Lost Your Passport? Here's What to Do

Follow these steps at home and abroad for finding and replacing a lost or stolen passport.

Stolen or lost passport
Photo: Tina Berning

Look Again

Though your first instinct may be to call the authorities, have someone else sift through your belongings with fresh eyes, advises Brenda Sprague, deputy assistant secretary for passport services for the U.S. Department of State. "Once it's been reported lost, too bad," she says. The document is canceled, and details go into Interpol's Stolen and Lost Travel Documents database. Anyone, including you, who is caught trying to use a document that's been reported missing could be detained—and at the very least will be denied entry or boarding. So have a pal check your pockets, drawers, safes, suitcases, and other bags. If you're at home, be sure to search the clothes you were wearing the last time you used your passport.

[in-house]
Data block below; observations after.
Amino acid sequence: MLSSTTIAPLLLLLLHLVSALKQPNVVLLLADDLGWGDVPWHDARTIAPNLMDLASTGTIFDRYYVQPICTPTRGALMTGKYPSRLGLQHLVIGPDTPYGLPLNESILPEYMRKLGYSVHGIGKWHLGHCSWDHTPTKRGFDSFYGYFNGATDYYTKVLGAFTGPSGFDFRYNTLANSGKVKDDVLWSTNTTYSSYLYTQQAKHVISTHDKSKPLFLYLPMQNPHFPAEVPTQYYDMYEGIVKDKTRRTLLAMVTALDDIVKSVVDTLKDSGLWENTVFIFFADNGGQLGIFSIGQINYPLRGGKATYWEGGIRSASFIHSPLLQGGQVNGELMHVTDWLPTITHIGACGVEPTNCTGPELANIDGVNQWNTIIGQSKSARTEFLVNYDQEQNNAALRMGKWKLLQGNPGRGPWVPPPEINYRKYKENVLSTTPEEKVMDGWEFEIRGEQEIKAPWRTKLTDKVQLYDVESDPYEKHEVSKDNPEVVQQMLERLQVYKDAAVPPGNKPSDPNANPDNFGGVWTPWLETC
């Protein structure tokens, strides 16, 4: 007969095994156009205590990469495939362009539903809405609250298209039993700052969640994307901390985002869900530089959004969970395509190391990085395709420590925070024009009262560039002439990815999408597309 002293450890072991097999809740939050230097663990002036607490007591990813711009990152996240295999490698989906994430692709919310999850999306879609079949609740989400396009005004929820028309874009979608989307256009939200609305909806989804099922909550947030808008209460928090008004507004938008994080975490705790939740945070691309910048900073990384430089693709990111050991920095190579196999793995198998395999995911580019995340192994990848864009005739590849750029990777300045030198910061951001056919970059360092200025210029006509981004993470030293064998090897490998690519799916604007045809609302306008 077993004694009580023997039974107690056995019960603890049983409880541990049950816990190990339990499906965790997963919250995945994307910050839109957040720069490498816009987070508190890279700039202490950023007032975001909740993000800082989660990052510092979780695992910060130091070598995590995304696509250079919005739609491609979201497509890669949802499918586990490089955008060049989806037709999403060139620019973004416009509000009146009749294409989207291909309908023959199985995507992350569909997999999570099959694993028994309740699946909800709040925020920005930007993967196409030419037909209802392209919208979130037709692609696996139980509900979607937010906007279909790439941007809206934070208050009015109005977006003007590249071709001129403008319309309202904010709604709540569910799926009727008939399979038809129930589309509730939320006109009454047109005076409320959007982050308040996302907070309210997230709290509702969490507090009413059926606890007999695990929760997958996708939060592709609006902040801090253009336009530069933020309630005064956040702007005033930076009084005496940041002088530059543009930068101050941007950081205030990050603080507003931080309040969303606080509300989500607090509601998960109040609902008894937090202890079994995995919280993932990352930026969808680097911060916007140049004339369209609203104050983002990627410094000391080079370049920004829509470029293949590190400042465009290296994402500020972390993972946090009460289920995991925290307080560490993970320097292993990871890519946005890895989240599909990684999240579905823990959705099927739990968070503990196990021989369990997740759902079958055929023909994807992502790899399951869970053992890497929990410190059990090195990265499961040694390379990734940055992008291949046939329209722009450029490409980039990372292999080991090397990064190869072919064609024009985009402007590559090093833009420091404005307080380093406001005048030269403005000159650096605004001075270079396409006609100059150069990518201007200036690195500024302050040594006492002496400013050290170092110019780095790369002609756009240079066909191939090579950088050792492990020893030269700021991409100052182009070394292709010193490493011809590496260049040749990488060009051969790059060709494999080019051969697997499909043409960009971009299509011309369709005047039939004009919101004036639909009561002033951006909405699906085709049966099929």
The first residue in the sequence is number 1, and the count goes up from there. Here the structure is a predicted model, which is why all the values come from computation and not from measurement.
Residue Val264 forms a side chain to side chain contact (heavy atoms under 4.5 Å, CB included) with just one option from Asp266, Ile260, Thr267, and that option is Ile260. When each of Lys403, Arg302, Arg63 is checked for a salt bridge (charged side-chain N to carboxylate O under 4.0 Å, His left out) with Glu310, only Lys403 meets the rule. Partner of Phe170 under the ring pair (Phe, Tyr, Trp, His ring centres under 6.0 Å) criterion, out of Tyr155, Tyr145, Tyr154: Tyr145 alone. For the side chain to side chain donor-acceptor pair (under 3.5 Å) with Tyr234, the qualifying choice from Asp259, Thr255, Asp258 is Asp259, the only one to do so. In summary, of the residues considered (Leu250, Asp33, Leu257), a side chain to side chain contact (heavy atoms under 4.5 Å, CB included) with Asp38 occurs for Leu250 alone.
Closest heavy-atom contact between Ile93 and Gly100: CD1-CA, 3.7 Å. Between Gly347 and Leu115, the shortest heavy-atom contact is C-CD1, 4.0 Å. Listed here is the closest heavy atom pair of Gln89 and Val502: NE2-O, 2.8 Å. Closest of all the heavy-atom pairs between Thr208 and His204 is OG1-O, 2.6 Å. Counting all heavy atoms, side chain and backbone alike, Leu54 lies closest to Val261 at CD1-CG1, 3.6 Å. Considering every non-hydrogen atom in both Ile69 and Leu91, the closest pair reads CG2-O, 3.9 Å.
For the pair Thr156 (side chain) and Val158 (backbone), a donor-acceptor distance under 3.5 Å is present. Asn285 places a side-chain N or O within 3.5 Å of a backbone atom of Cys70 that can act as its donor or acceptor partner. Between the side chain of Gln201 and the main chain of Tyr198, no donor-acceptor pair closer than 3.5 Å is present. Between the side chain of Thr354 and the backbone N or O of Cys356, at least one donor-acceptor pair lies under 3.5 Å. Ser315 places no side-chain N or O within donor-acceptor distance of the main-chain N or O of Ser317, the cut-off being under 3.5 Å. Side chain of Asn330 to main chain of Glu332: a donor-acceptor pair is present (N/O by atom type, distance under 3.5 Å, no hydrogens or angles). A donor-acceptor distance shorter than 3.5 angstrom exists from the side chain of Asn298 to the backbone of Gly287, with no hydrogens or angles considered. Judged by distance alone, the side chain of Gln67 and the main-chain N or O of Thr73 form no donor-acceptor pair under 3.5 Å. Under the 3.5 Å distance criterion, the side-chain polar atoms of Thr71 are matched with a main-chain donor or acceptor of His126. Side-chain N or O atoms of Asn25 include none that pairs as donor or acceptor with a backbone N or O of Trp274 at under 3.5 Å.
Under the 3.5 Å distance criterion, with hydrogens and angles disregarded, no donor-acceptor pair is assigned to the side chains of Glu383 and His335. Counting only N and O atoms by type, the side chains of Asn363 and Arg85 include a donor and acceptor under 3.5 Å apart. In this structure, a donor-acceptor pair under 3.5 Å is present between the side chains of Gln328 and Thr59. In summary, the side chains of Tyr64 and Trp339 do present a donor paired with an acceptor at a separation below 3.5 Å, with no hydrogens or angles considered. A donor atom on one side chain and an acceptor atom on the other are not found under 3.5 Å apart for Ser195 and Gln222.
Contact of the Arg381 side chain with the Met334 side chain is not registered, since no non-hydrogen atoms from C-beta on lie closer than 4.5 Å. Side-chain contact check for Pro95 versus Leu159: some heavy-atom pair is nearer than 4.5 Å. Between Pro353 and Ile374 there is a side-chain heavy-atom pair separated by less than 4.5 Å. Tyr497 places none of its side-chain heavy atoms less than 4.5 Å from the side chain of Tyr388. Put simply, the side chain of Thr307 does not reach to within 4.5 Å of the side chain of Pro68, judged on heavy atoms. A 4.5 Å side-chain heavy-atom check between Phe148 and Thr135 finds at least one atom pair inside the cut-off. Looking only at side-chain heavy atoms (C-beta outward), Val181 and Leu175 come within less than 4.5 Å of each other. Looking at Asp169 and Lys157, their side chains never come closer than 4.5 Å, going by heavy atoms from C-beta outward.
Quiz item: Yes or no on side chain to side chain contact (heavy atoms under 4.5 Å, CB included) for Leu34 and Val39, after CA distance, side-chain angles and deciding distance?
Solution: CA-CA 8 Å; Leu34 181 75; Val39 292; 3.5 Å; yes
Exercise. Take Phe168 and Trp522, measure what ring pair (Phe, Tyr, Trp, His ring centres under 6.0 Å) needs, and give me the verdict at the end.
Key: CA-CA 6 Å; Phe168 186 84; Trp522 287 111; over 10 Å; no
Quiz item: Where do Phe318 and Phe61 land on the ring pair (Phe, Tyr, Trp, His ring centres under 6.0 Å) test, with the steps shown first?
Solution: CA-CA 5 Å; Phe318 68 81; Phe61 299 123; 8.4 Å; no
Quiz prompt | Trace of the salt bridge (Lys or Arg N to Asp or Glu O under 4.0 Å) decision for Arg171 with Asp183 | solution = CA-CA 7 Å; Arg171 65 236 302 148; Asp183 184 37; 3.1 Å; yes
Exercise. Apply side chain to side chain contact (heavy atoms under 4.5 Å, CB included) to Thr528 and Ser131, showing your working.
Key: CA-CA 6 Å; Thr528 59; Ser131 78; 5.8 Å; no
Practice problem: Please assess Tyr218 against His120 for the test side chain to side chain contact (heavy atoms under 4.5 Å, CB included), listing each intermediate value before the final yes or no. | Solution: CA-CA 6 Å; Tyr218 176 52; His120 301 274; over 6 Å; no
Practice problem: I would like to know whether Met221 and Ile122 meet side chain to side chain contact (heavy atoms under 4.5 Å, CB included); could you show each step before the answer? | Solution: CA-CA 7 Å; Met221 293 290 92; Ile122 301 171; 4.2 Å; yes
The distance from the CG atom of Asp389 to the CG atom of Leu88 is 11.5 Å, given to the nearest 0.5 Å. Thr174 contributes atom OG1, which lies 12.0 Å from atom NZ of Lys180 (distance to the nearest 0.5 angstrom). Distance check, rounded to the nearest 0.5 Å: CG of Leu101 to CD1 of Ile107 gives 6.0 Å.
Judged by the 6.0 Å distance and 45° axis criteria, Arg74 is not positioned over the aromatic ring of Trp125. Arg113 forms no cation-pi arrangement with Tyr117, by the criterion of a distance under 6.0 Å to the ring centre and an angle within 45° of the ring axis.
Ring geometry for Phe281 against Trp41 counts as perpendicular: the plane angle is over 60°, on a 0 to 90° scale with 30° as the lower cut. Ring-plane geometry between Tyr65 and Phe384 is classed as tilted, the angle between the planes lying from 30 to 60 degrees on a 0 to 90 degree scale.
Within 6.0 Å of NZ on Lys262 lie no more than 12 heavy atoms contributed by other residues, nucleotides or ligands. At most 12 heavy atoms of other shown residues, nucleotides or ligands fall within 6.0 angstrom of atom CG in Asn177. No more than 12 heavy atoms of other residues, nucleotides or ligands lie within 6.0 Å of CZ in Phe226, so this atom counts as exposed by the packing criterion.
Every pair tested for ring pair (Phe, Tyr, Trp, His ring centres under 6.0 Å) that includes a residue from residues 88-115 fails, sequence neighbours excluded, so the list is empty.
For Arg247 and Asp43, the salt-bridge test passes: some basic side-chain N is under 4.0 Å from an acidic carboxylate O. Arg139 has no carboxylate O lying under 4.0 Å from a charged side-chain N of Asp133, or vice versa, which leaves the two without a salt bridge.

Call it in

If you're overseas and you're certain the passport is gone, contact a U.S. embassy or consulate as soon as you can; a staff member will take the report and tell you how to get an emergency passport. (The embassy generally can't issue documents on weekends or holidays.) You'll have to pay a fee and should arrive with identification and a new passport photo. Emergency passports are good for a year; when you get home you can exchange it for a regular book at no charge. If your passport goes missing at home, you can file a report on the State Department's website. You'll have to apply for the replacement in person.

Review Your Plan

Some countries—including France—may not allow you in with an emergency passport, because it lacks the electronic data chip embedded in a regular version. Manage your itinerary accordingly.

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